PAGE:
Sucrose 24% solution (TootSweet®)
How does this work?
24% sucrose is not a medicine; it is another name for sugar water. Sucrose is considered a food product, and does not require a prescription. It can be given to babies before a painful procedure. When given to babies 12 months or younger, evidence shows it can provide pain relief during procedures such as needle pokes for lab draws, IV starts or vaccinations. When combined with comfort positioning and distraction, it reduces the amount of pain or discomfort felt by the child.
How do I prepare my child?
Ask the nurse or lab associate for sucrose before the procedure. Sucrose works best when given 1-2 minutes before the actual needle poke or other procedures. You can use sucrose even if your child is not allowed to have anything to eat or drink before their procedure. Sucrose will not affect that or any blood results.
How should I give the sucrose?
Sucrose is not swallowed; it is absorbed in your baby's mouth. To give sucrose to your baby, squeeze it out onto a pacifier, or squirt it into the side of your baby's cheek.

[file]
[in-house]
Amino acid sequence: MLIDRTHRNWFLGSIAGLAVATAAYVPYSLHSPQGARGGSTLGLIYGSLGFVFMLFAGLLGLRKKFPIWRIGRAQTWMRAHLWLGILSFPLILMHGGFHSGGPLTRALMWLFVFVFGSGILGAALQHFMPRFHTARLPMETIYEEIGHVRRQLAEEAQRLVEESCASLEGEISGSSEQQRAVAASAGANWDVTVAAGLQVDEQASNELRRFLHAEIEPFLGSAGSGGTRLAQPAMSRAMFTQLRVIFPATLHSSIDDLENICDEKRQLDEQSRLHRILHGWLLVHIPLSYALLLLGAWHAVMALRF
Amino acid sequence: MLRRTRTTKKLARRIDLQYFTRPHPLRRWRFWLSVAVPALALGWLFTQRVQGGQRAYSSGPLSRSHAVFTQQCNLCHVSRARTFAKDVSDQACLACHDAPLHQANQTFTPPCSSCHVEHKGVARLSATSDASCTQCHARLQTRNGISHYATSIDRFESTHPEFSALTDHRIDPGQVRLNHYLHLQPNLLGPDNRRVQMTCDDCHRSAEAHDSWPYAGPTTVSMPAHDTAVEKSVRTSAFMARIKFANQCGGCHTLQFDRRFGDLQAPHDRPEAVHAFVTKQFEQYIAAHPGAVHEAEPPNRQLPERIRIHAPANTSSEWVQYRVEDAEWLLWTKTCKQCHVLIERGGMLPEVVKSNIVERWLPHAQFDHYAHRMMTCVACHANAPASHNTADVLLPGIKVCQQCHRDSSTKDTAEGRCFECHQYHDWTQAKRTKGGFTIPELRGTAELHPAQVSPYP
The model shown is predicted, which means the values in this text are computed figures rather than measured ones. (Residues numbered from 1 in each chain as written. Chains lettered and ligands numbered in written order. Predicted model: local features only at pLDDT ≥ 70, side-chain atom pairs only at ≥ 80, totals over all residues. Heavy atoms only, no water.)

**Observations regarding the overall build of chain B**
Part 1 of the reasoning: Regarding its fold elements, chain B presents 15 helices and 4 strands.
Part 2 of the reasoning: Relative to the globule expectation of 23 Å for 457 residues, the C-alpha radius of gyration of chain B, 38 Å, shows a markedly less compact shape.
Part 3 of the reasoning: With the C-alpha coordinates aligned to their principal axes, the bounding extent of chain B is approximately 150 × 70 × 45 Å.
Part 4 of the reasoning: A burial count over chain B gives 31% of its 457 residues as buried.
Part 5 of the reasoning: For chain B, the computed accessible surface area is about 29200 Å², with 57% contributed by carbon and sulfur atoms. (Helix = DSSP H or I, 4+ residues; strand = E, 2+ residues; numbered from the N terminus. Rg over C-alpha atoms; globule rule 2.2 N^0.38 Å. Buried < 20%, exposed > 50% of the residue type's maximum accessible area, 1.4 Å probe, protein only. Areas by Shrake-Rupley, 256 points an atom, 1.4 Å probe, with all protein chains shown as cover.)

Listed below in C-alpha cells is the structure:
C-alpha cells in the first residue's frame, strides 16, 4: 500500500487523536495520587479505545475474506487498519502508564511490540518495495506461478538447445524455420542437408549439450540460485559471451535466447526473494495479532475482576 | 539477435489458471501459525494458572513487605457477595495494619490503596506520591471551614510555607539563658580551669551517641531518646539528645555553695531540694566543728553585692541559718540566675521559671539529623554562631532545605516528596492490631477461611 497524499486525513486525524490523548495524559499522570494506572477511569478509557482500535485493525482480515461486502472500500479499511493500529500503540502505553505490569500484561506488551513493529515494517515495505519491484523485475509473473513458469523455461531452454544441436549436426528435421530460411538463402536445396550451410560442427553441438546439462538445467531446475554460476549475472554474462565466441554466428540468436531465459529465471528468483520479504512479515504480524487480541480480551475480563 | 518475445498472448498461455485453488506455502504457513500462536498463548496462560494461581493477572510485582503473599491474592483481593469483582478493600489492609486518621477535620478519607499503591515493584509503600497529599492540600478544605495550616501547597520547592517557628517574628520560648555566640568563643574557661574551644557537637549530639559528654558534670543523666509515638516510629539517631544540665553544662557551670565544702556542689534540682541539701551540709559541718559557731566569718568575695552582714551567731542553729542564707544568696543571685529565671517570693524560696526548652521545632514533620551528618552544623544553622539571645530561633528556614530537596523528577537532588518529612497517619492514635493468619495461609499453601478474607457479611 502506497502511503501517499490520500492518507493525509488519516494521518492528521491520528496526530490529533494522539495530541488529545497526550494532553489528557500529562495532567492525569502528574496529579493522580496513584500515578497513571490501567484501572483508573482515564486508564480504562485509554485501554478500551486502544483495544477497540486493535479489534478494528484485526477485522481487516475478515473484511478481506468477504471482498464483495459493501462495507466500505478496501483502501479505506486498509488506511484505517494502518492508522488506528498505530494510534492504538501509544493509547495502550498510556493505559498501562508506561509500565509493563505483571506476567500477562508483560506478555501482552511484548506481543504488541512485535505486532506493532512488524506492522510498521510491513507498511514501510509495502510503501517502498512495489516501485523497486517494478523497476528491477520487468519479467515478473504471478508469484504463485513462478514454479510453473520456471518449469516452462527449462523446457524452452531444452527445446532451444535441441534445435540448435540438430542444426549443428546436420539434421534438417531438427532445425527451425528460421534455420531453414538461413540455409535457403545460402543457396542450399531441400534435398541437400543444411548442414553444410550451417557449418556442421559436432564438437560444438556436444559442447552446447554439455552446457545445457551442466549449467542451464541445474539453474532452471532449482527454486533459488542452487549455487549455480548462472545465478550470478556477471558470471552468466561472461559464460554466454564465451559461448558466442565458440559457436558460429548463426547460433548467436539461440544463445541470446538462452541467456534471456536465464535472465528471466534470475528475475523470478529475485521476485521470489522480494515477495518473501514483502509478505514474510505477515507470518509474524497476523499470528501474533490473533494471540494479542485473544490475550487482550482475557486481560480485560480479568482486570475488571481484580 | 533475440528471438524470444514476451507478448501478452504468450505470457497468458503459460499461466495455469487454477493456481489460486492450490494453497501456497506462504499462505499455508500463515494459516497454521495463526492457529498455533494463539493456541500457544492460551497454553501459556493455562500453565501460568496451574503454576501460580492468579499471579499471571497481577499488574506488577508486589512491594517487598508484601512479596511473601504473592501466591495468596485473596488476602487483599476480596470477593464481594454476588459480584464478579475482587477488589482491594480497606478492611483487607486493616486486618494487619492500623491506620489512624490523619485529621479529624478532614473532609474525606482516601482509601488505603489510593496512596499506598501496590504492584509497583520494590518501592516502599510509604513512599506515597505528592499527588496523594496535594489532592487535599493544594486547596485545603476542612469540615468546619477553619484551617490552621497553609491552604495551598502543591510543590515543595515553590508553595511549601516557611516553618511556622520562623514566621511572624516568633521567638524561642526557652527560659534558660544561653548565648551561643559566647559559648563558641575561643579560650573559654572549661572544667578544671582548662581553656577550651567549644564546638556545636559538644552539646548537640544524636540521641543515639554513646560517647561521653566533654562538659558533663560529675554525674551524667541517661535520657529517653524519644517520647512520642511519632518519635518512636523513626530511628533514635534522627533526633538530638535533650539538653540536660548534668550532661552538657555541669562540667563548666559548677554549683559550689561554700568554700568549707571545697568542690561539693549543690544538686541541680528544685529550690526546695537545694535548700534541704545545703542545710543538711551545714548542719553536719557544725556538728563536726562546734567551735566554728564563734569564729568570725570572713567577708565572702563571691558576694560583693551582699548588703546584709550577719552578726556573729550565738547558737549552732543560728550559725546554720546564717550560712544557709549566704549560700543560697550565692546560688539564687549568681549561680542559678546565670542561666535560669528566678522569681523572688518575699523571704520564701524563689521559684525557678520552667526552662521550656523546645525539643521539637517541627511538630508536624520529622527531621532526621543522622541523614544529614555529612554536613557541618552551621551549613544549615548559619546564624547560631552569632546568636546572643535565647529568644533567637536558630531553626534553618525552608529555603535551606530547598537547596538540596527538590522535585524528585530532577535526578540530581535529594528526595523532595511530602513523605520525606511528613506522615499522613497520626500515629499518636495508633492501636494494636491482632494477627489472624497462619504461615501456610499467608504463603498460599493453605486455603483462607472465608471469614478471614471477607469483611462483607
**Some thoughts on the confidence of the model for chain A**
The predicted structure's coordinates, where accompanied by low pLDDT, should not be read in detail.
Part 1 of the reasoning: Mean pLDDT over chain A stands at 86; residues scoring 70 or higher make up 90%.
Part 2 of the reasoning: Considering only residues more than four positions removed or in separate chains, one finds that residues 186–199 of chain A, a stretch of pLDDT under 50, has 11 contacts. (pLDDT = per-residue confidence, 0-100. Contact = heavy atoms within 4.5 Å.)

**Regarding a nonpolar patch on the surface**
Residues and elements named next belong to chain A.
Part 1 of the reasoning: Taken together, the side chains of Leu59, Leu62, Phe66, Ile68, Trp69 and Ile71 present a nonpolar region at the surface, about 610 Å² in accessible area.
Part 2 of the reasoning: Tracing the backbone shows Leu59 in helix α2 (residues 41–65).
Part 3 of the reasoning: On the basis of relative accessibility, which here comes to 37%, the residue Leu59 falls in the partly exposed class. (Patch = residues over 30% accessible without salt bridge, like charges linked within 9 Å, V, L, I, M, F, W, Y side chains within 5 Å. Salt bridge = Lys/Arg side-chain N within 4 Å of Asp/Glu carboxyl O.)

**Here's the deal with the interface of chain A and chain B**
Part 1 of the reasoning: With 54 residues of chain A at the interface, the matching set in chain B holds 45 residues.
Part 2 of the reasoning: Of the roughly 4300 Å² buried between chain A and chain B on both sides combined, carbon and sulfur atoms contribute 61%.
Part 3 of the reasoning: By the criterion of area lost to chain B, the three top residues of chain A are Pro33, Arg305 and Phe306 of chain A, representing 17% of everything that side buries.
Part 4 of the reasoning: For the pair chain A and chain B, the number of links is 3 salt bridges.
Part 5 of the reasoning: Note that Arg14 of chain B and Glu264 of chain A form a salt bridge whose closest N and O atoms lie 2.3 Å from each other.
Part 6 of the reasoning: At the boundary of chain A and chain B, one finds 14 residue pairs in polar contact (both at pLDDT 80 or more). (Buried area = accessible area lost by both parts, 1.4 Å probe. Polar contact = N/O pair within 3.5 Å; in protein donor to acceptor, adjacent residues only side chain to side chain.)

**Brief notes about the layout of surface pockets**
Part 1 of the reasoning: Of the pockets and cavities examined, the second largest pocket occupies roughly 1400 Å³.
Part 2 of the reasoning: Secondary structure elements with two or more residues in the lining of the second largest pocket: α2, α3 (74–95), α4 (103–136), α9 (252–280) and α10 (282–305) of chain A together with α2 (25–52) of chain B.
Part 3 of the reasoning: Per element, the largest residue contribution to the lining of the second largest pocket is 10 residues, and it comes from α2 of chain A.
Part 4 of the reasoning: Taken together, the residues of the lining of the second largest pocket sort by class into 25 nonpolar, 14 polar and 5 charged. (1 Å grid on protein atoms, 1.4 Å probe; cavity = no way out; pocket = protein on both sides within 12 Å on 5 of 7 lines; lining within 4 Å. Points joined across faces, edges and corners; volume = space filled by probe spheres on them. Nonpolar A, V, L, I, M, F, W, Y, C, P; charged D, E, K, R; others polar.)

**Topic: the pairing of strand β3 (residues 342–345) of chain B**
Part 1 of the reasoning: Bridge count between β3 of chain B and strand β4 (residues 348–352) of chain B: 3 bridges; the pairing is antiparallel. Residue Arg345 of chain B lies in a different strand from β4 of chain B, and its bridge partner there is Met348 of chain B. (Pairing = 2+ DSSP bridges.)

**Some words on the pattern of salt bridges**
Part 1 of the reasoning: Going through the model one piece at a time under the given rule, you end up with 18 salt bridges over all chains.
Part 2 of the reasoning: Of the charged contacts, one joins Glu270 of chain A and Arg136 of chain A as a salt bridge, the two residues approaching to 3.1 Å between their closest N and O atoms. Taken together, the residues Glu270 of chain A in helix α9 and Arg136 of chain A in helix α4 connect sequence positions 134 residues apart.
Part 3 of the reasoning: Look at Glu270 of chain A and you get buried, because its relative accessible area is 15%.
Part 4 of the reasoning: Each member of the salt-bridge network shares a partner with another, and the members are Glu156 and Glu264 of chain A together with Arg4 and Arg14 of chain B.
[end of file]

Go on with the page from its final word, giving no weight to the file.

Are there any side effects?
If used as directed, sucrose does not have any side effects. It is safe to use for all babies 12 months and younger, except babies who are premature, and with low birth weight, and unstable sugar levels.
When should I call the clinic?
If you are worried about using sucrose with your baby call your primary physician for their recommendations.
What else do I need to know?
You do not need a prescription for sucrose, it is not a medication.
This sheet is not specific to your child, but provides general information. If you have any questions, please call your clinic.
Children's Hospitals and Clinics of Minnesota
2525 Chicago Avenue South
Minneapolis, MN 55404
Last reviewed 8/2015 ©Copyright
This page is not specific to your child, but provides general information on the topic above. If you have any questions, please call your clinic. For more reading material about this and other health topics, please call or visit Children's Family Resource Center library, or visit www.childrensmn.org/educationmaterials.
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